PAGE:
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Changes to Texas cattle trichomoniasis regulations
AUSTIN -- The Texas Animal Health Commission recently adopted changes to its cattle trichomoniasis “trich” rules, according to a press release from the Texas Animal Health Commission and the Independent Cattlemen’s Association of Texas.
Trich is a venereal disease of cattle caused by protozoa that can cause abortions and infertility, subsequently causing economic losses for the producer. The cattle program is managed primarily through required testing of breeding bulls for the disease prior to change of ownership or entry into a herd. Interested producers, veterinarians, and stakeholders provided suggestions to the Texas Animal Health Commission throughout the previous year to help improve the trich program. A Texas Animal Health Commission trich working group met in May to review the submitted suggestions and provided recommendations for the animal health commission to consider. The working group suggestions that were accepted and recently passed by the Texas Animal Health Commission and went into effect on August 14.
Questions about the new regulations may be directed to Region 5 Texas Animal Health Commission Regional Director Dr. David Finch or Supervising Inspector Howard Helmers in Beeville, by calling 361-358-3234.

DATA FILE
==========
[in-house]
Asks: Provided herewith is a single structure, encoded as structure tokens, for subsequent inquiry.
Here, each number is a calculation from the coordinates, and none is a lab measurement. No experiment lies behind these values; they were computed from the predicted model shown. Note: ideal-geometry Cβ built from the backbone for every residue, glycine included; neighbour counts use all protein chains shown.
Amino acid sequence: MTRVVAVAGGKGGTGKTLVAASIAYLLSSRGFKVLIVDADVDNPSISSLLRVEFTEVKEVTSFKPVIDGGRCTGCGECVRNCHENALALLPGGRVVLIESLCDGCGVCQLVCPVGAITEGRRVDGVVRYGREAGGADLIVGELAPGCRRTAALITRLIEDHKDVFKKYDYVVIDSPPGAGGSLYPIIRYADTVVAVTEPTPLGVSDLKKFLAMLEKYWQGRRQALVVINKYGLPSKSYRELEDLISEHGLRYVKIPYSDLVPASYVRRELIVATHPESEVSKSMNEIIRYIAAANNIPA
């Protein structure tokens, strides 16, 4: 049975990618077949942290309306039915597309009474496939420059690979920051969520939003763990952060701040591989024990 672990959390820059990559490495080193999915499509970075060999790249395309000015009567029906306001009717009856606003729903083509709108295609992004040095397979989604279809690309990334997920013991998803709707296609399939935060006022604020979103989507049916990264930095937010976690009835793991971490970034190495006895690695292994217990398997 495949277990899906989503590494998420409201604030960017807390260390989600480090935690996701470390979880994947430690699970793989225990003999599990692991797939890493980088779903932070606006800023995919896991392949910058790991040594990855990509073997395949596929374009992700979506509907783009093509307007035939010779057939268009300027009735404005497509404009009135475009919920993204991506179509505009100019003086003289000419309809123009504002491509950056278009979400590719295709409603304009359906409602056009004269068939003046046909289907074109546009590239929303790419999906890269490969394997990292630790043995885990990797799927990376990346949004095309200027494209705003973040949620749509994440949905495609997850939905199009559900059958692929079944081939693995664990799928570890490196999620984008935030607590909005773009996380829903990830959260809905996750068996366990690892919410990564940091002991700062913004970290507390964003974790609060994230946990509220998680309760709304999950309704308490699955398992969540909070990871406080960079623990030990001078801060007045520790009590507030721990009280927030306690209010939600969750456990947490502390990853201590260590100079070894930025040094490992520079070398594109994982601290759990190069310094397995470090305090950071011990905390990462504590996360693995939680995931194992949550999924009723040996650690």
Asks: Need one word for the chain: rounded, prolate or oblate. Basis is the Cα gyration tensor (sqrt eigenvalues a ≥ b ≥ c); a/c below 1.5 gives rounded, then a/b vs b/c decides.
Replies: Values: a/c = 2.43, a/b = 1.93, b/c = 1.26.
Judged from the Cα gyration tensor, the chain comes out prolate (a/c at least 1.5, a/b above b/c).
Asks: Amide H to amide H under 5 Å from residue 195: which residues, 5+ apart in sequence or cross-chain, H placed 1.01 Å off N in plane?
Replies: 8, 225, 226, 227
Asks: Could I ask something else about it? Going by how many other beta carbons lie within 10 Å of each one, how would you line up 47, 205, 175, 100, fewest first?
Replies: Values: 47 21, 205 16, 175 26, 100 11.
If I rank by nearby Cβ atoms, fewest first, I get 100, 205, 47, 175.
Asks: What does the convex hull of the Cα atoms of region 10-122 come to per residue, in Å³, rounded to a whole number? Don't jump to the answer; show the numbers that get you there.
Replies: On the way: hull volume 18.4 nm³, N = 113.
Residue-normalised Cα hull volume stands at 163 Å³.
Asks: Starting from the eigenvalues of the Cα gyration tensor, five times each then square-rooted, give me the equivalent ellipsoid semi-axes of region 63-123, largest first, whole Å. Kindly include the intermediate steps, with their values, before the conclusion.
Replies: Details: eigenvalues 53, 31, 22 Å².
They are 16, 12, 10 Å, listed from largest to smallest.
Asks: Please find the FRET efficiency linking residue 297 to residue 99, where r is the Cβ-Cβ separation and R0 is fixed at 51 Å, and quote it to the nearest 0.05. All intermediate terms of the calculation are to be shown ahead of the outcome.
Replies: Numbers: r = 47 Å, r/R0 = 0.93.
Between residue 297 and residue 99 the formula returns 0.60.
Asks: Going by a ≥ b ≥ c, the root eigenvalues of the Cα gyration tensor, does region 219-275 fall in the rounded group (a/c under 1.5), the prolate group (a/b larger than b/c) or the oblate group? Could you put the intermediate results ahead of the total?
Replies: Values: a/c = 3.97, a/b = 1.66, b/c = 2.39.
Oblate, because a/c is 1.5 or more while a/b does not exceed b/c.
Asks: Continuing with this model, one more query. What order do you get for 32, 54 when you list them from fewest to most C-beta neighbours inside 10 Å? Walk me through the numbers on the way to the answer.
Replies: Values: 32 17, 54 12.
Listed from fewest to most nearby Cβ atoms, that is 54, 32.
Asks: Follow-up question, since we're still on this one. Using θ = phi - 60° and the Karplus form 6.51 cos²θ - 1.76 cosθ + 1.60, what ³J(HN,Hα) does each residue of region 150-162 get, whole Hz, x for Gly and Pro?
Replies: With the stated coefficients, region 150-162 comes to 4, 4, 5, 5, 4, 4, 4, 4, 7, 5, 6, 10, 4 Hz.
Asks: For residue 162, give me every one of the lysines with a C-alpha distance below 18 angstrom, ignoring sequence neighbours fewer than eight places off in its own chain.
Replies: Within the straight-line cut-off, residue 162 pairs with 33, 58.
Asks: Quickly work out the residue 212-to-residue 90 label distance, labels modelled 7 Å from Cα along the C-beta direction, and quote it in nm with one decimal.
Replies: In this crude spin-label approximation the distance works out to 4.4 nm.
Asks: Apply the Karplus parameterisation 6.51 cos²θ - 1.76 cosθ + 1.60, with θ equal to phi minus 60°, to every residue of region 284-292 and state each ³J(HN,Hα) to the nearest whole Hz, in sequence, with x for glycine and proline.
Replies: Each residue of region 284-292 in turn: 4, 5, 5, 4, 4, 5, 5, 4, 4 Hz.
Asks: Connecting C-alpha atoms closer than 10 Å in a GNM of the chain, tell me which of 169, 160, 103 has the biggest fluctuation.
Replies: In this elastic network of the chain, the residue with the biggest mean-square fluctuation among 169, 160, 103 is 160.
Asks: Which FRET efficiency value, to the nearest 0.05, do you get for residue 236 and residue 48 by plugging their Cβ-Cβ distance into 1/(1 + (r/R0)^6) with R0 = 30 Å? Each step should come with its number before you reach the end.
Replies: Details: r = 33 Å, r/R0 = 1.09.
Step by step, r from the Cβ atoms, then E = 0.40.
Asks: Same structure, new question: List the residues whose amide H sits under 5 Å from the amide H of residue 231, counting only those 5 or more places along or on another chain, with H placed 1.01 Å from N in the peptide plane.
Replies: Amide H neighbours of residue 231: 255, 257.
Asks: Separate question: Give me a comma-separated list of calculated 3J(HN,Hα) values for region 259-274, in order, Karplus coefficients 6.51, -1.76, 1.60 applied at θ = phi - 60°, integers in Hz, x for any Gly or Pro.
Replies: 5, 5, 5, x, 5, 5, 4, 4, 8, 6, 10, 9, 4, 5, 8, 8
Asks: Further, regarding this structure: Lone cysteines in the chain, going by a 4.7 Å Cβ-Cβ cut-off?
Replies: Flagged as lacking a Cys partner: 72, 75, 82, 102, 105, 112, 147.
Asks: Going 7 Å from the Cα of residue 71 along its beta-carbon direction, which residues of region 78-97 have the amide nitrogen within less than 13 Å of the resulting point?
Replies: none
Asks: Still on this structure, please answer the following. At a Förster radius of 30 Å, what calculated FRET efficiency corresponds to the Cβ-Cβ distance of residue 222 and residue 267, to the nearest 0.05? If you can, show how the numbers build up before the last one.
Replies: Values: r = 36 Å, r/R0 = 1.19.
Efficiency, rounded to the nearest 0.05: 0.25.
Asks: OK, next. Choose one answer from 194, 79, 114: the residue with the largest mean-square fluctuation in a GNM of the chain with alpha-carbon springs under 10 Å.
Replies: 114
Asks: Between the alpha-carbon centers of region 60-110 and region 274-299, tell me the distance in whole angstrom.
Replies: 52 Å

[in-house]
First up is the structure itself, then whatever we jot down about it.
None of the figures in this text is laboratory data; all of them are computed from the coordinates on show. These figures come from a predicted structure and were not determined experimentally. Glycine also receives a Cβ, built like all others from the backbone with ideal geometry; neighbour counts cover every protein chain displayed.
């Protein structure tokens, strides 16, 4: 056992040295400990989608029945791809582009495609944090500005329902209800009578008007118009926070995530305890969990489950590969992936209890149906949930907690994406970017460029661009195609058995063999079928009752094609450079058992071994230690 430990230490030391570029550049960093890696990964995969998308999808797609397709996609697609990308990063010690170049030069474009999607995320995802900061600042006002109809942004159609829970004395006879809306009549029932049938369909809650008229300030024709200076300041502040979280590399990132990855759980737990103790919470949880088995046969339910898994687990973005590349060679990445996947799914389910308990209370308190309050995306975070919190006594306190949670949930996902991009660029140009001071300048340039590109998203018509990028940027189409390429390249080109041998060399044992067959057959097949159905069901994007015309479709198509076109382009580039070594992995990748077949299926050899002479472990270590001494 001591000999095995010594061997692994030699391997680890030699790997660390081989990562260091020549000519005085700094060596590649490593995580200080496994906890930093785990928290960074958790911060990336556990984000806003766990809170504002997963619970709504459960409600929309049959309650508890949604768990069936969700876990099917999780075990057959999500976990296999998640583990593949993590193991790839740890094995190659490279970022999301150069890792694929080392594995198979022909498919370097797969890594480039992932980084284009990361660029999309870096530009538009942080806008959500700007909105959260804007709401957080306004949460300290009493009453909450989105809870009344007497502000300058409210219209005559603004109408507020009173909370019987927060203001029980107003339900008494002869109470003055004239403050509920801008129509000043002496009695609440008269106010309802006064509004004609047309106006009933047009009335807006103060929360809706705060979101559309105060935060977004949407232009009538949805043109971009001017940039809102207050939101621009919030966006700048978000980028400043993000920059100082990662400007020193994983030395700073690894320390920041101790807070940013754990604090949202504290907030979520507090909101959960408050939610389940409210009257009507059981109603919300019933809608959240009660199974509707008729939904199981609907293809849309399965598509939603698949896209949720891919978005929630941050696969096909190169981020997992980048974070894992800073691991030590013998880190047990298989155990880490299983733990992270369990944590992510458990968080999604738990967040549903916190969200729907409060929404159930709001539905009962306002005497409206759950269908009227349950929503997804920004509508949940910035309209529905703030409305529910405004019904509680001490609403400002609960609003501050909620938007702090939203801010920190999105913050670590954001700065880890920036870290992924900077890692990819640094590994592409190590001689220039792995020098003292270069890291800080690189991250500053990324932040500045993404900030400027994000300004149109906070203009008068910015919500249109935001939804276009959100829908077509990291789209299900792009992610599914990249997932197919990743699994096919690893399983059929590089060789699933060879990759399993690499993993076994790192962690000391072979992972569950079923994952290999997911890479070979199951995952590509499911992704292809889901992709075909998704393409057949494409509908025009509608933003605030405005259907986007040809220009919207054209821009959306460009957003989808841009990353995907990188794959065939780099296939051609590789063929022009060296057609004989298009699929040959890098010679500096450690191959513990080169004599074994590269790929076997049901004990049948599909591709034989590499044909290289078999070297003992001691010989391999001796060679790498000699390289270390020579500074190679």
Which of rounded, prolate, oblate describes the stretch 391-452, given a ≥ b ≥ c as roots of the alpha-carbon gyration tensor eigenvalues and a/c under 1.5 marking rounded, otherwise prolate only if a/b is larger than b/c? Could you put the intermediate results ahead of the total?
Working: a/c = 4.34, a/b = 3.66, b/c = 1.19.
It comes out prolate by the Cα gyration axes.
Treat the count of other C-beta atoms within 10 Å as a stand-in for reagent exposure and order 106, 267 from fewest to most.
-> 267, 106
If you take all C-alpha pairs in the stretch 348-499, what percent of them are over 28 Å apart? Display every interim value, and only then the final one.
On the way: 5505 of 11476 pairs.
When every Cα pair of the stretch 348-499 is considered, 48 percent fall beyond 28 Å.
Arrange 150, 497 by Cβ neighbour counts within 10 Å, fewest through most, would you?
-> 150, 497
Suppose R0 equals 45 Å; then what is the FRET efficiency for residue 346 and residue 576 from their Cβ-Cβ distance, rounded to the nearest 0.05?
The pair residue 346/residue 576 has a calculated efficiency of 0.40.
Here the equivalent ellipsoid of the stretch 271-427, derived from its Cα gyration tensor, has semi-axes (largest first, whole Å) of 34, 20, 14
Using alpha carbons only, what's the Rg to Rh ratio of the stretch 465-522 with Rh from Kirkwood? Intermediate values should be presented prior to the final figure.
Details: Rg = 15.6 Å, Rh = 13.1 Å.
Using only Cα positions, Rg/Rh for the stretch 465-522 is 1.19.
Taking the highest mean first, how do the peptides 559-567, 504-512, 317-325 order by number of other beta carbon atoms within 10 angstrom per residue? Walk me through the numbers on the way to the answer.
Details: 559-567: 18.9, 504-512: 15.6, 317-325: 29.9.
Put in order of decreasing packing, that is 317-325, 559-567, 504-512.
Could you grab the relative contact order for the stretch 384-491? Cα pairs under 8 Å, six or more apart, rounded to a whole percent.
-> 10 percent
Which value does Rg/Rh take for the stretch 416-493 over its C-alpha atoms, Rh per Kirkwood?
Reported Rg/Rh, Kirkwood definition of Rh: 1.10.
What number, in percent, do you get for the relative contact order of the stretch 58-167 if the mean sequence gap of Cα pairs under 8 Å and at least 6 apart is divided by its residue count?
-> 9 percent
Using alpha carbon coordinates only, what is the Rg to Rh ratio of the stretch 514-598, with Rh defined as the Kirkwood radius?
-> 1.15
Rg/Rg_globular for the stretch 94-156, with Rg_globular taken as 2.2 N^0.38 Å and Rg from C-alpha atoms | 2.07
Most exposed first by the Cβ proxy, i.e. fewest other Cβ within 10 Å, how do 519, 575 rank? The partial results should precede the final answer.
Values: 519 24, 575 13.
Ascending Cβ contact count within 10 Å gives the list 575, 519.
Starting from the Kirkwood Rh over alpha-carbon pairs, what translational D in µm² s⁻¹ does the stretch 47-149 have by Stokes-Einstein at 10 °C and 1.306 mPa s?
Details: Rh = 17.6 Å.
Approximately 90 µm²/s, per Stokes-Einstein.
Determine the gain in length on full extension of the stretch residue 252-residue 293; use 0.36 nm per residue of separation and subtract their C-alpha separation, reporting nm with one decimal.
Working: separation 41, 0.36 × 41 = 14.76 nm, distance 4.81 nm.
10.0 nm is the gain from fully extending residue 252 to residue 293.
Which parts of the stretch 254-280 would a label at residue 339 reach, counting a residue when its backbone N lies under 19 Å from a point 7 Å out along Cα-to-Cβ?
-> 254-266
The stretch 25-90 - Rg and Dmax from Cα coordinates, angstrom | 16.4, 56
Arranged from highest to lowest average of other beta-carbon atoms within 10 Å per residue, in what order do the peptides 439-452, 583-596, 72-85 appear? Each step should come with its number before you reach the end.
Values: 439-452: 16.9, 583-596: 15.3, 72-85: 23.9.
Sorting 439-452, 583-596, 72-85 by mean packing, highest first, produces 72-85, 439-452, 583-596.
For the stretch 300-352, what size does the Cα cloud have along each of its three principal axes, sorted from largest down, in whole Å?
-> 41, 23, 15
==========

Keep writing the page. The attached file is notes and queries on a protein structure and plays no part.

Revised Trichomoniasis Rules in Texas
The following is an overview of rule changes for the Texas cattle trichomoniasis program as of Aug. 14:
•Texas will no longer accept “virgin” bulls for entry from other states. All breeding bulls 12 months of age and older must have a negative Polymerase Chain Reaction (PCR) Trich test prior to entry.
•Texas will no longer accept a negative culture test(s) for entry of breeding bulls into the state. Only PCR tests will be accepted.
•Untested out-of-state bulls are now allowed entry into Texas if consigned directly to trich certified feedyard facilities, and accompanied by a permit issued by an accredited veterinarian from the state of origin.
•A “Control Herd Plan” option has been created that allows large cattle operations up to three years to eradicate trich from their herd. The enrolled herds are allowed to test once per year (preferably prior to breeding season) instead of two or more times as normally required, but in exchange they must consult with a veterinarian and enter into a plan designed to remove the disease from the herd. In the interim, all bulls leaving the herd must be sold for slaughter or feeding for slaughter only until their quarantine is released.
•The Texas Animal Health Commission will now allow an approved laboratory to “pool” individually submitted samples (up to five samples) for PCR testing, to count as one of the two tests normally required to release a herd from quarantine. Pooled samples will still not be allowed for change of ownership testing, however. This change was designed as a cost-saving measure for producers, and must be approved in advance by the Texas Animal Health Commission regional management in consultation with the owner or veterinarian.
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